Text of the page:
If one has this kind of control the transformation requires minutes not hours to be complete around 1200F., the reason bladesmiths go with hours is because they are dealing with continuous cools from 1450F. or better, to below that range, if you interrupt the process at any point before the austenite is completely converted, there will be a mixed microstructure that will give you some issues. So we are back to not what the steel needs but what your equipment can give it. The real concern in decarb and coarsening is during the unnecessary period from critical to 1200F where the austenite is just sitting around with nothing to do but get into mischief. After it has completed the transformation, pearlite is about as stable as it gets for phases and you can do whatever you want, so as soon as your forge drops below 950F no progress of any significance is being made with your anneal, if you want to get back to work quicker pull it out and let it air cool. But on the other hand, since not much happens to pearlite below 950F you could just leave it there and go to bed without worrying about it.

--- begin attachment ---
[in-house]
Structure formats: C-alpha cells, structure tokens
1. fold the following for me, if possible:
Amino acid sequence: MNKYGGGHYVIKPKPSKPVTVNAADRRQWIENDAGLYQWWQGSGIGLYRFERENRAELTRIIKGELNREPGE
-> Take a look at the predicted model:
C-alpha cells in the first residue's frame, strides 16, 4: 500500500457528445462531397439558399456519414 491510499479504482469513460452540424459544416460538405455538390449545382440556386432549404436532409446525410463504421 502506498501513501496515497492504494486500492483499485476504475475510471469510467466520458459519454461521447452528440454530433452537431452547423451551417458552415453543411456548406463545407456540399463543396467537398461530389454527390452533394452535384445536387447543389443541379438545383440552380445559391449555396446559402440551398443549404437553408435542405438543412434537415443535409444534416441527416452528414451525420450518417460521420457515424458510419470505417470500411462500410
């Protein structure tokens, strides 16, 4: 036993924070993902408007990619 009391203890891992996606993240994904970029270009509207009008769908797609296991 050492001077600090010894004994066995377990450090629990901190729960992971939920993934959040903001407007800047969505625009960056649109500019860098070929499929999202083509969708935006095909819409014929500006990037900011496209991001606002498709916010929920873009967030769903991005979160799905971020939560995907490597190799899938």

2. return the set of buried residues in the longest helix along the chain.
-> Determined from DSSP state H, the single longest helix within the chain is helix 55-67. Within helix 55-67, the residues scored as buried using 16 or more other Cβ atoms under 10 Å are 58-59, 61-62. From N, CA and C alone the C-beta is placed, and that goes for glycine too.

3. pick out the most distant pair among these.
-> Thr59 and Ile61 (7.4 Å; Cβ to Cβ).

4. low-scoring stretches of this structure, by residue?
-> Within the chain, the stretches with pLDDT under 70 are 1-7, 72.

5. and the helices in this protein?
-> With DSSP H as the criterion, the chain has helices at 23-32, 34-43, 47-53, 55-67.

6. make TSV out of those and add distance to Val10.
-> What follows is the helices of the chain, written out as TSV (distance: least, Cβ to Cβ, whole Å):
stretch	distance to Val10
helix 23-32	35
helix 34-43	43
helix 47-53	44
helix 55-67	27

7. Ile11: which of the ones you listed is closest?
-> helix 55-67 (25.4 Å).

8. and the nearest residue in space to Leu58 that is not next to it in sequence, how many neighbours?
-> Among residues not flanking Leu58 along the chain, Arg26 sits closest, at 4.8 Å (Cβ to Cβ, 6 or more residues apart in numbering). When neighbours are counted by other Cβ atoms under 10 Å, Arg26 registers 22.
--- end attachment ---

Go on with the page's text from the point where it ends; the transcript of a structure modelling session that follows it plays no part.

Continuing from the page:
Spheroidal annealing: The other option I mentioned would be to heat to critical and quench your blanks to fully harden them and then heat to just below nonmagnetic several times. Not only will this refine grain like crazy, but it will take that carbon that is trapped entirely in solution from the hardening and ball it up into tiny spheres evenly distributed throughout the matrix. Cutting time spent with nasty decarburization, no grain growth, no worries about excessive grain boundary carbide. And as soon as you heat it the last time you can set it in the air and walk away. If this sounds too good, there is a downside- you will need to soak a little longer than pearlite to get spheroidal cementite back into solution when you do the final hardening.